Bazaar2 Monthly Report - December 2016
There was some solid progress on the existing efforts, as well as some groundwork laid for the final big development sprint of this project funding. We nailed down the v0.102 stable release of the F-Droid client app, which includes a lot of core improvements. This stable release sets us up for a longer alpha cycle for the next round to support the major overhaul of the client app.
We also started the hiring process to find more contributors to take on more subprojects for the final sprint. This and other Guardian Project job descriptions here:
Objective 1 Simple multi-pronged distribution
The F-Droid package index metadata format was redesigned from scratch in order to support lots of essential new functionality: media and other non-app packages, screenshots, store graphics, and full localization of text and graphics. This is currently implemented, and is very alpha functional prototype.
One of the key issues of this whole project is how to build an app store ecosystem that is as difficult as possible to abuse, even for the people operating the app store or attackers who have gained full control of the app store’s binary repository. Reproducible builds allow anyone to reproduce the binaries served by f-droid.org, and binary transparency makes it possible to track the history of all binaries released. In support of this effort, we attended the Reproducible Builds Summit in Berlin, where we worked with most of the major GNU/Linux and BSD distros, the Google Bazel team, as well as a handful of other projects.
The first public instance of an F-Droid Verification Server, https://verification.f-droid.org/, is now up and running. This is wholly separate build infrastructure that automatically rebuilds all apps published to https://f-droid.org and then checks whether they match the official release. If they do not match, then it publishes the differences using https://diffoscope.org.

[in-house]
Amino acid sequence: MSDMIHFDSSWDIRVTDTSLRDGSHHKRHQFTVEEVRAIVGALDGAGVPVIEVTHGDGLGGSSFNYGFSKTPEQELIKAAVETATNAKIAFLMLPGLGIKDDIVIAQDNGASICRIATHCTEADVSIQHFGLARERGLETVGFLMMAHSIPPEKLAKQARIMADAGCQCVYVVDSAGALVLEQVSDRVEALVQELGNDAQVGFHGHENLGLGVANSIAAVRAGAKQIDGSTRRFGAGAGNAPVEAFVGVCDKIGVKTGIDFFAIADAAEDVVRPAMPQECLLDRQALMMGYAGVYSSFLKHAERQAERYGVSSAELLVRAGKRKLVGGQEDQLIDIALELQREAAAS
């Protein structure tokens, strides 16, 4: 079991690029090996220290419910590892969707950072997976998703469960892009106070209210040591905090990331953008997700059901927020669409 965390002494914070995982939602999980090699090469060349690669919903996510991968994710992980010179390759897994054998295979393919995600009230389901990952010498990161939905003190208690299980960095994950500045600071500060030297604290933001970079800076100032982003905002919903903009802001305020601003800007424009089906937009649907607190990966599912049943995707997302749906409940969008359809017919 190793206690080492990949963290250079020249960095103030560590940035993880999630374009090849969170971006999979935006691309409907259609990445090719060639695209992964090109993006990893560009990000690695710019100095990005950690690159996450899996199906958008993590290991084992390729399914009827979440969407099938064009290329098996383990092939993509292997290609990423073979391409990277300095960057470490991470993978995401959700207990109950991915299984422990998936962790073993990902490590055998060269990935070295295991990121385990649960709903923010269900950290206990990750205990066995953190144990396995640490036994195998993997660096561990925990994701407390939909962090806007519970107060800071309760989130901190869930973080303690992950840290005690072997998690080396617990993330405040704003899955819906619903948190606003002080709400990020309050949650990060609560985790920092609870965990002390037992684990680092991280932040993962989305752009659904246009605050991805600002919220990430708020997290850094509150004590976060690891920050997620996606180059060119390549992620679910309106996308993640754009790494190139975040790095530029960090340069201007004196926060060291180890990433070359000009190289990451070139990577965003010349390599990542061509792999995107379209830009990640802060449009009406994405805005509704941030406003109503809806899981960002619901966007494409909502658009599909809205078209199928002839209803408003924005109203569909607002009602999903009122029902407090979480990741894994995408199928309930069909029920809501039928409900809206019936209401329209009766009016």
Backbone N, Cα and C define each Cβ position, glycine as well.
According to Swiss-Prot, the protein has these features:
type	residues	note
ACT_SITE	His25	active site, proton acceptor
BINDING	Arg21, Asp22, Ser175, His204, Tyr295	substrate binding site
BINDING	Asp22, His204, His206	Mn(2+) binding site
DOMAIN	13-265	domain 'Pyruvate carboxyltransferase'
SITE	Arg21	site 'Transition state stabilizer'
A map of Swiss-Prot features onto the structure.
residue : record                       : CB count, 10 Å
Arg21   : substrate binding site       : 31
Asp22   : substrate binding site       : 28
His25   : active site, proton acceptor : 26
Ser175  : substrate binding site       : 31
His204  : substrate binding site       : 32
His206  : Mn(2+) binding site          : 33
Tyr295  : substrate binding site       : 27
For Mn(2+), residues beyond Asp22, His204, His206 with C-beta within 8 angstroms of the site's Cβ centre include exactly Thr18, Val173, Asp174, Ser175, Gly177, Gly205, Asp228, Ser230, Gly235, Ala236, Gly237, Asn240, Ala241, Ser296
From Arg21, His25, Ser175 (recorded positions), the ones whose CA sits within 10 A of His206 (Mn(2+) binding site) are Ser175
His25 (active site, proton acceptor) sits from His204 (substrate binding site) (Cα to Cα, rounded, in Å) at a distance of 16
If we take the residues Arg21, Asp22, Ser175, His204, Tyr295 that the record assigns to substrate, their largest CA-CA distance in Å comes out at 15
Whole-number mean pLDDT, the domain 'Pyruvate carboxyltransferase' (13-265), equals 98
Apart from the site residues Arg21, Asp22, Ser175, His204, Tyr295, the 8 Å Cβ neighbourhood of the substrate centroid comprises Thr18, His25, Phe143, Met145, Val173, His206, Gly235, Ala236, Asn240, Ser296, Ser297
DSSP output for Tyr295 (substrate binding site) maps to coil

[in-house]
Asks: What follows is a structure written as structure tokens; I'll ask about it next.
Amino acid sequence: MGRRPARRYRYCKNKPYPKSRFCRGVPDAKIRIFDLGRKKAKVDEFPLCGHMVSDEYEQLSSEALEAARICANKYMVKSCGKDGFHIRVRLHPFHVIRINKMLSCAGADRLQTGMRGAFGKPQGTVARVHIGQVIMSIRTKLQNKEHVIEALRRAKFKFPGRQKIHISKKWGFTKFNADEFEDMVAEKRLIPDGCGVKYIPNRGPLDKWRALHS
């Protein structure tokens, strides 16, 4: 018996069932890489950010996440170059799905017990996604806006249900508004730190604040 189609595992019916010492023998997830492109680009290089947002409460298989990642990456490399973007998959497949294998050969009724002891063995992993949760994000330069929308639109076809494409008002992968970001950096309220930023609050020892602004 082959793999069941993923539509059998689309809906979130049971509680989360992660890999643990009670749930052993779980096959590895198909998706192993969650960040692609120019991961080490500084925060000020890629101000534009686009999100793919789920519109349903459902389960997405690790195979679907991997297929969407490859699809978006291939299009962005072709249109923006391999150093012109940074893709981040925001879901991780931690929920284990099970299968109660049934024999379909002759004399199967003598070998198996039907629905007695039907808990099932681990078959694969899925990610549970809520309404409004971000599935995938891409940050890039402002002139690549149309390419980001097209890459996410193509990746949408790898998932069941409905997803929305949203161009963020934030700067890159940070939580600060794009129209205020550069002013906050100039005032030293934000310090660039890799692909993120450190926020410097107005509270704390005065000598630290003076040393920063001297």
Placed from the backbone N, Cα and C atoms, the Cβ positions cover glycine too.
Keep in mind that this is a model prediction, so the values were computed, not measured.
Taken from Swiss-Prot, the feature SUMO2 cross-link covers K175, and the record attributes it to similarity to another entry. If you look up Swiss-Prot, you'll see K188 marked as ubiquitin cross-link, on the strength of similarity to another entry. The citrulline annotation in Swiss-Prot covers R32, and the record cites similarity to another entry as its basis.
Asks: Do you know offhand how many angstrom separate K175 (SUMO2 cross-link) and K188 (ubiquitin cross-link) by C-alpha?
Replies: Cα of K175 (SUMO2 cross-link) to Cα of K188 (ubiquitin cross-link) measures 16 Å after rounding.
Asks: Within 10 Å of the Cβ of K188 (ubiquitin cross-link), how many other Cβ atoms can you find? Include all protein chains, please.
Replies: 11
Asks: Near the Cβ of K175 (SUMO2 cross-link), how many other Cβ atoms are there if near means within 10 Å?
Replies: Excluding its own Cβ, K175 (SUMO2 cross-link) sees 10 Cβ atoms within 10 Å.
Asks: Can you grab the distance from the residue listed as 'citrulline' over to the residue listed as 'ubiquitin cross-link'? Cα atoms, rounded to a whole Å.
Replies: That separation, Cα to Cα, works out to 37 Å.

Good software update systems should release reproducible binaries, then have an unchangeable record of all releases made. This makes it possible to verify that an app that a device is using is the actual file that was by the update system, and is not an impersonator. At the Reproducible Builds Summit, we also we worked with a couple people who are focused on designing binary transparency systems to put together a prototype of a “Binary Transparency Log” for F-Droid. This is implemented as part of the fdroidserver app store kit, and it will eventually be deployed to f-droid.org, once it is proven stable.
Objective 2 Curation Tools for Organizations
No notable progress on this.
Objective 3 Modern App Store with Built-in Circumvention
The overhaul of the f-droid.org website has begun, led by NicoAlt, a long time volunteer contributor, and fxedel, a new contributor. The core of this work is converting almost the whole site to use Jekyll, a static website generator used by GitHub Pages and many other projects. This also generalized the website so that it can be easily reused for other people setting up their own app stores. This work will make it much easier to update the website’s user experience to match the new client app user experience.
There was a major push to get the entire base level of the new UX design implemented at a basically usable level. There is now a very raw but functional alpha of almost the whole new user experience.
We reviewed the user testing results from the field tests, and put together a snapshot document with the primary takeaways from all tests conducted in 2016.
Objective 4 Partner Deployments
As part of the new app/package index metadata format, the code for parsing the index metadata on the client side was modularized. This is the groundwork work for a library to allow apps to directly update themselves from the same index file that is used within the F-Droid client app itself. This expands the F-Droid toolset so that it can be used for both of the two major update approaches: an “package manager” which updates all installed apps; and apps that now how to update themselves. This approach also means that apps can seamless use both approaches without having different server-side setups.
Objective 5 Usability Research on In-country Developers
We started designing a user test based on some of the F-Droid server-side tools in order to test the whole process of figuring out issues that arise in developers’ workflows while finding, learning, and using tools for the app development process. This user test is slated to begin in late January.